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Example 1: Changing the Timing of a Fault

This example starts from the Quick Start tutorial and adds blocks to control the timings of the fault in the HVAC_500kW_6Bus example model.

The test will iterate three times: the first time, the fault time will be 0.025s, the second time, it will be 0.050s and the third time it will be 0.075s. The changes are visible by looking at certain waveforms.

The starting point is the basic tutorial (only the names of the test, study and project is different in the screenshot below, the rest is identical to the basic tutorial). 

Starting Point of Example 1 (Same as Basic Tutorial)

The first thing to do is to double click on the HyperWorks_1 block (the second block) and to validate that the option ‘Disable Time Events (clrtab) is unchecked.

Settings in HyperWorks (HYPERSIM Settings)

To continue, it is not mandatory but let’s add a one-second delay to make sure the simulation is in steady-state before applying the fault. To do so, go in the Palette tab and double-click on the ‘sleep’ block. The default value is one second. Therefore, simply press Apply. The script should now look like the figure below.

Test after Adding One Second Delay

  • If we go back to the model in HYPERSIM and double-click on the block named Fault, we can see that the General operation option is disabled (in the Timing tab).
  • It could be manually enabled every time before running a test in TestView, or we could be sure it is enabled by forcing the value in the TestView Test.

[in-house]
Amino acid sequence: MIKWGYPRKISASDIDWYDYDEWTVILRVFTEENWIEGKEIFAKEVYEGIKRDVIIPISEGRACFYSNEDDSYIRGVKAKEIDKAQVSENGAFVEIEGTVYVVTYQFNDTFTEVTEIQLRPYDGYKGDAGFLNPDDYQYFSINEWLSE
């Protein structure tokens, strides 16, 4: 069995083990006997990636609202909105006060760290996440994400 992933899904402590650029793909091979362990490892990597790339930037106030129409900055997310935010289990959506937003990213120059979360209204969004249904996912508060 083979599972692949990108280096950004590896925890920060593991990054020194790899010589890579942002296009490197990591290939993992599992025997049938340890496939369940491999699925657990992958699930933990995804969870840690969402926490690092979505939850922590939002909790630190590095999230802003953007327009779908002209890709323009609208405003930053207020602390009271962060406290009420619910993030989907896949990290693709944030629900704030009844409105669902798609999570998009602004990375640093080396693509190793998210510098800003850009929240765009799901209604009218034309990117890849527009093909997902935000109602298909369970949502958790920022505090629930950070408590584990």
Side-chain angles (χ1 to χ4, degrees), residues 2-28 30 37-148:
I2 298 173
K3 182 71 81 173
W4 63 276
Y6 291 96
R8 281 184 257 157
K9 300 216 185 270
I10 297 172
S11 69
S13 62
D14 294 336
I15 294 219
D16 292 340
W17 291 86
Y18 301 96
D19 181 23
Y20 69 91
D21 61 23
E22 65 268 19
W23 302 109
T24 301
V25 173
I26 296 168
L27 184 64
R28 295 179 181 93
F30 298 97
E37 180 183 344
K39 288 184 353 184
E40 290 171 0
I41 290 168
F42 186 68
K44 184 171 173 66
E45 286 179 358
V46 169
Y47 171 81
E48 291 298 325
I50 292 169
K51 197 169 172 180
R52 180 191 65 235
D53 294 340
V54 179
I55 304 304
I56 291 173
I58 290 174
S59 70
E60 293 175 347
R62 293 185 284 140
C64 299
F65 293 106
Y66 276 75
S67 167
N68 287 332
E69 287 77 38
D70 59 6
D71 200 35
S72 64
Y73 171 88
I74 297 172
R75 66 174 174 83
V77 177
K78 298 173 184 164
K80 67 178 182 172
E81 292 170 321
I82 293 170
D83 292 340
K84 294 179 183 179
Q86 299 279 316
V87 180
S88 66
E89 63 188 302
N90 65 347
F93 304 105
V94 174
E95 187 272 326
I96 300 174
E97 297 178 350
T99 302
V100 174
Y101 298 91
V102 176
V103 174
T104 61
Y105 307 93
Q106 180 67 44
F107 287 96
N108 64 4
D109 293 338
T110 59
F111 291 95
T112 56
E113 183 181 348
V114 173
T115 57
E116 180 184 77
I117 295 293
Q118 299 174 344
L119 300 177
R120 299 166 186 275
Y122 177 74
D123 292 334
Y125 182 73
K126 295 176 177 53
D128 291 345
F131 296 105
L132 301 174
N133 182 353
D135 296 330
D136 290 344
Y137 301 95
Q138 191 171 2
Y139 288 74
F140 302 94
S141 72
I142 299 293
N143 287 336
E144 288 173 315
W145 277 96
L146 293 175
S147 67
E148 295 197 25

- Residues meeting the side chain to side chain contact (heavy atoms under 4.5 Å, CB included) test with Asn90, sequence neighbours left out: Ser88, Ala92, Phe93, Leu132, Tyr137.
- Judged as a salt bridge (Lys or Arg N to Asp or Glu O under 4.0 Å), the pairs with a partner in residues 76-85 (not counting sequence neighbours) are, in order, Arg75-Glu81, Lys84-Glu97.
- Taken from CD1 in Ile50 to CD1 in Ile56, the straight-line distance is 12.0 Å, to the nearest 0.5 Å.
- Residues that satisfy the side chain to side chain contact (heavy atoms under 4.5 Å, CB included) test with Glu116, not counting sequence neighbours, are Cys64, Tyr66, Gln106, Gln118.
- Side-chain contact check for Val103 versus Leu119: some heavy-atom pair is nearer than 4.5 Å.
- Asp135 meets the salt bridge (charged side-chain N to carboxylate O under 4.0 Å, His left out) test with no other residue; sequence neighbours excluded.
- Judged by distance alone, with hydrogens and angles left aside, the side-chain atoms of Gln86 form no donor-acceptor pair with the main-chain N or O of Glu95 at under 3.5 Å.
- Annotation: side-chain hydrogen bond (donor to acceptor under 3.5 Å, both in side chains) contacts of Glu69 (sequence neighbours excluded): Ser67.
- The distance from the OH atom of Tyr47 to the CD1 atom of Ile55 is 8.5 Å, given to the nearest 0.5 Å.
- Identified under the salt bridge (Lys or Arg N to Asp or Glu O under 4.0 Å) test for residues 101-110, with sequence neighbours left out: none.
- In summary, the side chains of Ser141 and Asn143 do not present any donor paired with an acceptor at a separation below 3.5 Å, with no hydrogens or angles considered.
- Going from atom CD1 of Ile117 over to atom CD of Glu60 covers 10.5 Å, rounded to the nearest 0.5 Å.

• Make sure that T1 and T2 and Enabled and set for a phase A to G fault.
  • Make sure that Steady-State Operation options are all grey (i.e. that there is no fault).
  • These parameters could be set using TestView, but they are verified manually in this case.

Switching Times T1 and T2 for Fault Block

Steady-State Operation of Fault Block

To enable it through TestView, it is necessary to find the name of the variable that represents this option. To do so, there are two options.

  • The first option is tool tips/alt text: place the cursor over the field of the option, wait a second, and look for the name in brackets (see Figure 42, EnaGen in this case).
  • The second option is to use the netlist in the HYPERSIM tab. In this window (see Figure 43), all blocks with all parameter names are present.

Fault Block in the HVAC_500kV_6Bus. EnaGen is the Name of the Option General Operation

Netlist Window in HYPERSIM

  • Once the name of the parameter and its block to set are found, go back to TestView and add a new block called Miscellaneous.
  • In this block, click the Parameter button.
  • If the drop-down menus do not have a list of all the blocks names and their parameters, the connection between the model and TestView is not working. It is most common HYPERSIM was closed on a TestView project without running the model again directly from HYPERSIM.
  • There are various ways to force the reconnection: close TestView and HYPERSIM, open the copy of the model in the project directory ([Name of Project] \ bank \ hnk\ [Name of Project].ecf), run it and re-open TestView.
  • Another approach is to open the Connection window (the computers in Figure 44), to disconnect and reconnect the model.

Miscellaneous Block. The Connection between the Model and TestView is not working (the dropdowns are empty).

Miscellaneous Block. The Connection between the Model and TestView is Working (the dropdowns menus are not empty)

Once the connection is correct, the component to select is the name of the block (i.e. Fault), the parameter (i.e. EnaGen), the value is 1 (to set to enable) and press add.

Users can add a description in the Title field to have a description visible in the Test Editor Window.

Press Apply to close the window and add the block to the script.

Forcing the General Operation of the Block Fault to Enable using the Miscellaneous Block